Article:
Green GDP would also mean a great change in our ideas: a completely new way of thinking about development and the evaluation of officials’ political performance. Once green GDP is implemented, the word “development” will have a different meaning and a different measure. By deducting the environmental cost, the data for economic development of some areas will decrease greatly. This means that green GDP also will lead to great changes in the performance evaluation system for cadres. In the past, GDP was the main evaluating factor in the performance assessment of local officials. Many cadres will find it difficult to combine economic growth, social development and environmental protection, and may try to resist this change. Changes in ideas have to win out over time, through gradual, difficult processes. A reform such as this will increase fairness and efficiency, and is a great development in the theory of the socialist market economy. We should expect that along with the development and implementation of green GDP, the degree of environmental protection will become important evaluation criteria in the promotion of officials.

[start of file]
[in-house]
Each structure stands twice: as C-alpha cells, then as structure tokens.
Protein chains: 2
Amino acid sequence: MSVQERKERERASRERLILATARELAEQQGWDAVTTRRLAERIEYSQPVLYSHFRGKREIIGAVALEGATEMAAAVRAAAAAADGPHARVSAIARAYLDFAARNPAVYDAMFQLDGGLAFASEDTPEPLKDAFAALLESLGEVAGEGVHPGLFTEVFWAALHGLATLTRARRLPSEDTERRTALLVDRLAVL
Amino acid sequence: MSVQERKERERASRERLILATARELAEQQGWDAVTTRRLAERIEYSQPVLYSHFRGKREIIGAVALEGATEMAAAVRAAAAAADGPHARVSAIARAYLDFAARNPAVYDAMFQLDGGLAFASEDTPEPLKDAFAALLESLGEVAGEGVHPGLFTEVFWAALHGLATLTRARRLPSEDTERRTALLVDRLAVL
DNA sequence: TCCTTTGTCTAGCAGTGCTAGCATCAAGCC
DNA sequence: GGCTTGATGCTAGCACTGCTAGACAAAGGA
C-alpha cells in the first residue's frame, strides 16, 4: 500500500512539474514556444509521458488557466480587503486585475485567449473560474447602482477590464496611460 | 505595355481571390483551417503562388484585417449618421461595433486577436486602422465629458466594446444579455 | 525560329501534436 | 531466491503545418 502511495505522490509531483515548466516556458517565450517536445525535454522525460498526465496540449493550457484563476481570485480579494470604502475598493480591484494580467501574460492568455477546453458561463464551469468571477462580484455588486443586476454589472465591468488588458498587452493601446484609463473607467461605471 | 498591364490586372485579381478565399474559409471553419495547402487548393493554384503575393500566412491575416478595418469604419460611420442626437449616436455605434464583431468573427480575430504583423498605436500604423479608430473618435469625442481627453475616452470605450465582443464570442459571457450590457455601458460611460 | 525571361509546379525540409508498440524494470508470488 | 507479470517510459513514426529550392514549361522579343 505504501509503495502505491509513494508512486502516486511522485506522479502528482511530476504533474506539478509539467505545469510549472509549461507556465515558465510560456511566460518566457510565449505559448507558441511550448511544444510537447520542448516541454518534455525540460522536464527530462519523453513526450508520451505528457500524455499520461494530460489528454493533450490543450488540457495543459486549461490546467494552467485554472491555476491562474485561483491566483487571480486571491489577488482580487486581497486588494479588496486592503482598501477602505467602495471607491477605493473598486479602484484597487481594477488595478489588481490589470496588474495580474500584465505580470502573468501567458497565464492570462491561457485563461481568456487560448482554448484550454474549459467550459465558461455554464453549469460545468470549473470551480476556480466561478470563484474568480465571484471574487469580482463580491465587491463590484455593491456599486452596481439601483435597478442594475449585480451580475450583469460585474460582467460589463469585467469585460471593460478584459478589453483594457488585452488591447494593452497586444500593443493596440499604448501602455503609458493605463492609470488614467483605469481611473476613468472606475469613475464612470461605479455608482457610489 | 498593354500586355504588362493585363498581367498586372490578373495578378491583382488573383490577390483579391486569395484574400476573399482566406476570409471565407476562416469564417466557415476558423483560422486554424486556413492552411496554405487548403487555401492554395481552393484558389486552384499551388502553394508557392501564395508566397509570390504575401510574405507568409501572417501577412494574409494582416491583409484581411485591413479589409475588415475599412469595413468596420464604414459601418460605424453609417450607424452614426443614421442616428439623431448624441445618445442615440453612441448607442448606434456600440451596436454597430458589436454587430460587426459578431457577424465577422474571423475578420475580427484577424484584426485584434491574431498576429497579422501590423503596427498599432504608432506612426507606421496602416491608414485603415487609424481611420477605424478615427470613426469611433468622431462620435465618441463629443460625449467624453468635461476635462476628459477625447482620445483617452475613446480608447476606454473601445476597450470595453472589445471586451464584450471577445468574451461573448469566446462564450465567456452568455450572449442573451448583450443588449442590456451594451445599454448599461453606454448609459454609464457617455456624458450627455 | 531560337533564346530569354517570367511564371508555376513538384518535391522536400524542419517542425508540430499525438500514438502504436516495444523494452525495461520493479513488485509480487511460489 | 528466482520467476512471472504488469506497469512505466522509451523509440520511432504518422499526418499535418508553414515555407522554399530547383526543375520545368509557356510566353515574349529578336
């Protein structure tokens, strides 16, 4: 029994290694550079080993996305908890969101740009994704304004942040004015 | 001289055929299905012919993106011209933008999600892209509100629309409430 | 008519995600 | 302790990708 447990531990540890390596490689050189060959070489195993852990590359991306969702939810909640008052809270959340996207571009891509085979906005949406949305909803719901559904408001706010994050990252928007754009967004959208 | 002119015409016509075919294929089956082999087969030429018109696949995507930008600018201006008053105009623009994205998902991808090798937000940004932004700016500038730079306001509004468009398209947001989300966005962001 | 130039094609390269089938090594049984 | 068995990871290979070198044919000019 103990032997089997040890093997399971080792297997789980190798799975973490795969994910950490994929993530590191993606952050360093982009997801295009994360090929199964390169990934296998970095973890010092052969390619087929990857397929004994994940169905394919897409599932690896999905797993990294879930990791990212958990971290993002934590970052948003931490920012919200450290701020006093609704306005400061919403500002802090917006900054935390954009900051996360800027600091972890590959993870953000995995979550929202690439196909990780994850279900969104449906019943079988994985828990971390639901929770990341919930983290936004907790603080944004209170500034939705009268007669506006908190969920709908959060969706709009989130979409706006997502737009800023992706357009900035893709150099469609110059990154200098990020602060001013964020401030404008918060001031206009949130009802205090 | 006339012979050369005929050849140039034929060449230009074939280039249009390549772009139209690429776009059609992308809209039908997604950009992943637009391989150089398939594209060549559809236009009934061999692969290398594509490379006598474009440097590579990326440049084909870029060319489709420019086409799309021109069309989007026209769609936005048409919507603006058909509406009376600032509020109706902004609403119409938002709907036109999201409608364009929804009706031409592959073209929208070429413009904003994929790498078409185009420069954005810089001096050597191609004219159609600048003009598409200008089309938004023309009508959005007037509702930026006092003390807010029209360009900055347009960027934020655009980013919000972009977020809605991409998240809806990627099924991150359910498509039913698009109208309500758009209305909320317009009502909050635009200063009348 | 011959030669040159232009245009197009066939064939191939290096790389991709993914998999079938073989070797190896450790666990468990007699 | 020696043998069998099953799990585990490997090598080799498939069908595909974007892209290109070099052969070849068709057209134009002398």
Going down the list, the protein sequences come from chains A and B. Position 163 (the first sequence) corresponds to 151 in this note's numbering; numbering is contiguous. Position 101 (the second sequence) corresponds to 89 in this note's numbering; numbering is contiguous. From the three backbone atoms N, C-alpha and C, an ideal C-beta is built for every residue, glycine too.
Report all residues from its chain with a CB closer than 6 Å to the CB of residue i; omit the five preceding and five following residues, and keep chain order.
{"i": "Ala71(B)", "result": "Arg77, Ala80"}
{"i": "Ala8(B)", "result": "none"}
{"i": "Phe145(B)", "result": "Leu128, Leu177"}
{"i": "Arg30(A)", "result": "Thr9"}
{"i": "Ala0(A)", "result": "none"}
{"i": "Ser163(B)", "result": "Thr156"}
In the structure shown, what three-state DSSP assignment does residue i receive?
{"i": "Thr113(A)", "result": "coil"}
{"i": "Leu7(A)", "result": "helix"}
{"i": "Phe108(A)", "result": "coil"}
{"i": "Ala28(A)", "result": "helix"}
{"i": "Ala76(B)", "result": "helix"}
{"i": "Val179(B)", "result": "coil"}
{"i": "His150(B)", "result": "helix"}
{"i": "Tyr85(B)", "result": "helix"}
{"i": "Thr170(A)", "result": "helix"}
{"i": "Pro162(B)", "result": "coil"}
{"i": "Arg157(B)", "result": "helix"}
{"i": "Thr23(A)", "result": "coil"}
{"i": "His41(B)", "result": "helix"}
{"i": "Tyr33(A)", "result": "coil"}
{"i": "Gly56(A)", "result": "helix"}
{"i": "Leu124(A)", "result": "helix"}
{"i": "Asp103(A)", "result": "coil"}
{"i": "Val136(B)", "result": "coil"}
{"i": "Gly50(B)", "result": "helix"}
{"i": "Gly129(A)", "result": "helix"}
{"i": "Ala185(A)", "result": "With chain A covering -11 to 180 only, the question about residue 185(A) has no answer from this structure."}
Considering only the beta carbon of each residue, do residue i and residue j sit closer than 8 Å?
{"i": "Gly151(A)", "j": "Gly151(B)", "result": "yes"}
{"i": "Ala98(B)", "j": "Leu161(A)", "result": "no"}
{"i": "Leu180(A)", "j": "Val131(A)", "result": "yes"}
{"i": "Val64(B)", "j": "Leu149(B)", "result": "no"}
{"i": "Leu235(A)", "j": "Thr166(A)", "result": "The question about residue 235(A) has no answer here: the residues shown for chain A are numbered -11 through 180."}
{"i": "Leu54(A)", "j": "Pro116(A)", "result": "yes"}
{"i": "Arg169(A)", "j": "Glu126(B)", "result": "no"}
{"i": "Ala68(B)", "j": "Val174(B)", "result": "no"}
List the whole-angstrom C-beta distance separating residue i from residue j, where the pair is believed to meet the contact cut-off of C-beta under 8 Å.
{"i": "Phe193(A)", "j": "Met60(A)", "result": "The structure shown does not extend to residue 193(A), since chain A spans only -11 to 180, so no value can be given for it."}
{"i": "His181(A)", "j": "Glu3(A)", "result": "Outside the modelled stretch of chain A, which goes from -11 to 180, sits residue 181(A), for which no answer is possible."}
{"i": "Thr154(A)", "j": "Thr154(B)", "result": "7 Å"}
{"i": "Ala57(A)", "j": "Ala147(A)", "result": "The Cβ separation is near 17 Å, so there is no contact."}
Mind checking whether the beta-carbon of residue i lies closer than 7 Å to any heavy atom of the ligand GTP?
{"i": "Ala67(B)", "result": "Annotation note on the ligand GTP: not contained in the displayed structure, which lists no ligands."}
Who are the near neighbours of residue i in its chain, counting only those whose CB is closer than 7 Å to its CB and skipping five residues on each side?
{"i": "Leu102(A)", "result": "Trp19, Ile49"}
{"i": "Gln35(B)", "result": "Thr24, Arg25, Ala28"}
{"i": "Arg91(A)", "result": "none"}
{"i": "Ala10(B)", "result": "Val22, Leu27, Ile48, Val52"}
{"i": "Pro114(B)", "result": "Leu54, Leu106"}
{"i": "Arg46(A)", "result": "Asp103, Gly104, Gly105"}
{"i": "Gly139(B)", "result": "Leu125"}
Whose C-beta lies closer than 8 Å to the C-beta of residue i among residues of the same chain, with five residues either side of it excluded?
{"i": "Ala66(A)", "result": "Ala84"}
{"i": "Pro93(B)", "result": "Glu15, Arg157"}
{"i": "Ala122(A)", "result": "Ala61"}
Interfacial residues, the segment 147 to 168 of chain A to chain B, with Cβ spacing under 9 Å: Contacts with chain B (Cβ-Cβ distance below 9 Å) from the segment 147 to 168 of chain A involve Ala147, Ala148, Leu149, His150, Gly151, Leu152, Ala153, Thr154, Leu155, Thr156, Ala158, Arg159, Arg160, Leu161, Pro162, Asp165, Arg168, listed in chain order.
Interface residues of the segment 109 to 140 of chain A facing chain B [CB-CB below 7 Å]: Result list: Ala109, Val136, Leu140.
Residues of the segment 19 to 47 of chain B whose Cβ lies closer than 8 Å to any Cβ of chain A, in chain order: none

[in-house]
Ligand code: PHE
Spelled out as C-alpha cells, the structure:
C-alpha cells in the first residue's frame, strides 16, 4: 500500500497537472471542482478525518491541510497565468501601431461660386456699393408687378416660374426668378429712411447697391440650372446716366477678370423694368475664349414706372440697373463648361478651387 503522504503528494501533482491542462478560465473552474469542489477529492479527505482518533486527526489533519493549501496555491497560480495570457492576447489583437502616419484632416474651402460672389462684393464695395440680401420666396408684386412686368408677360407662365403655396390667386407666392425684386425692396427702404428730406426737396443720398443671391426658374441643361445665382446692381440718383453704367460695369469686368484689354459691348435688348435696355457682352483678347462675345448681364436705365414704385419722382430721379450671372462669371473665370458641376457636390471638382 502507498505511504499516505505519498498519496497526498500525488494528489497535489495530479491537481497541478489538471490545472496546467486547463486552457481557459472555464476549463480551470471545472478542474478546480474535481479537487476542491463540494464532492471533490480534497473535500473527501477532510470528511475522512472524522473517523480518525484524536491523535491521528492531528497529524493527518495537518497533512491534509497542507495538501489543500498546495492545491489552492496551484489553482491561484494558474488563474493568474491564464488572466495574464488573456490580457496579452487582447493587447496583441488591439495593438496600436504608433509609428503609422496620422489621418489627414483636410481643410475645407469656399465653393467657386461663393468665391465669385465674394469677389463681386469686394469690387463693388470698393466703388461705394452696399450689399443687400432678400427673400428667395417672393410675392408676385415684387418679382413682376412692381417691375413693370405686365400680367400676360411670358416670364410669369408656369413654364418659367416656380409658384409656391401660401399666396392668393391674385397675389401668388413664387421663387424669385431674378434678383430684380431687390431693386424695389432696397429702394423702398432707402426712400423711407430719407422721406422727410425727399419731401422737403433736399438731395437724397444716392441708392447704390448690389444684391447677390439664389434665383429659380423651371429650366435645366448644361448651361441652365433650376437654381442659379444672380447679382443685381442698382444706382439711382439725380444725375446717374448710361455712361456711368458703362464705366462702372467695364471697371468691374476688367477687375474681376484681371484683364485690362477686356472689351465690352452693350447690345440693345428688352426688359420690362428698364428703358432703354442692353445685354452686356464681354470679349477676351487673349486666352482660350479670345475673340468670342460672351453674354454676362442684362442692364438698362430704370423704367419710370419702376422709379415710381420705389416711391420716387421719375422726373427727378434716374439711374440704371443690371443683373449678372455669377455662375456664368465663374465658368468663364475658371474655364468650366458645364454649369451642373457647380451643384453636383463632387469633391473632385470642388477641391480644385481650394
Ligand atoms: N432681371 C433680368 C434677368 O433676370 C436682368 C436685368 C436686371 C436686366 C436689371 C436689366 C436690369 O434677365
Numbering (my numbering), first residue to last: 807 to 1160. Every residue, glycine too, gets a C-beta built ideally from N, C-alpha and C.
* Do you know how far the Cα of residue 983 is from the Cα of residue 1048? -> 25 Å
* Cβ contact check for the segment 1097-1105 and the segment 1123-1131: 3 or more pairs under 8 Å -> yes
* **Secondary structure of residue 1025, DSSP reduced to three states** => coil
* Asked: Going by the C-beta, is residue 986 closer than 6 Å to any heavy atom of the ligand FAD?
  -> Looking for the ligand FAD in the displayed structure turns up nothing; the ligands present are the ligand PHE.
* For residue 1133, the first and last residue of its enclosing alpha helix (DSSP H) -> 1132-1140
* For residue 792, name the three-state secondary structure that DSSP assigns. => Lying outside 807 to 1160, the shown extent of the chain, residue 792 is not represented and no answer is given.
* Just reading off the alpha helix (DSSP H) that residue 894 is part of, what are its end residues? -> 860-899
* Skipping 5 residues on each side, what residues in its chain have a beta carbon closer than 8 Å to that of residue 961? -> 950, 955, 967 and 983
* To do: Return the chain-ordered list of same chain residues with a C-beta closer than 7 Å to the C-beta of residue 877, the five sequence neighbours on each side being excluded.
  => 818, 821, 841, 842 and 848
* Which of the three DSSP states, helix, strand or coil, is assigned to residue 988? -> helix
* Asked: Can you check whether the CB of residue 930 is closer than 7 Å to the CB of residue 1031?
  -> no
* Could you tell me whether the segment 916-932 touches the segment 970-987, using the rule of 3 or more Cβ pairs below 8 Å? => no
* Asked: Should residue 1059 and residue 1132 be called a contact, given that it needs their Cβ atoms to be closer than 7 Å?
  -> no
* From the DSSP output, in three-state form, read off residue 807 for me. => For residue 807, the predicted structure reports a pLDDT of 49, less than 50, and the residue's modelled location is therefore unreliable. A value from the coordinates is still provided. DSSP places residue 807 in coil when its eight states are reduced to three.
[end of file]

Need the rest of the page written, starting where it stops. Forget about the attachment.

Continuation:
We must work hard to establish a green GDP that is suited to China’s particular characteristics, and make our contribution to the development of green GDP throughout the world.

Green GDP elsewhere

Although it is difficult to calculate environmental costs in green GDP, great progress has been made in developed countries.

In Norway, the calculation of natural resources costs started in 1978, with a focus on water, biological, mineral and other ecological resources. Other factors such as soil and air pollution, as well as two kinds of water pollution (nitrogen and phosphorus) are also included. For this purpose, they have built a very detailed statistical system that includes energy expenditure, forests, fisheries, recycling, as well as air and water pollution.

Emulating Norway’s example, Finland also set up a natural resource calculation system that includes forest resources, air pollution and environmental protection expenditure, of which forest resources are the most important. In calculating forestry resources and air pollution, physical quantities are taken into account, whereas monetary value is used to calculate environmental protection costs. Other developed countries, such as France and the US have also considered a green GDP system. And although Mexico is a developing country, it has also implemented a green GDP calculation. Supported by the United Nations, Mexico in 1990 included petroleum, land usage, water, air, soil and forest resources in its calculations of the environmental costs of development. Information on natural capital loss is evaluated to ascertain economic losses, as well as the costs of environmental degradation. Mexico’s calculation methods have also begun to be implemented in Indonesia, Thailand, and Papua New Guinea, and the experience of these developing countries may have more reference value for China.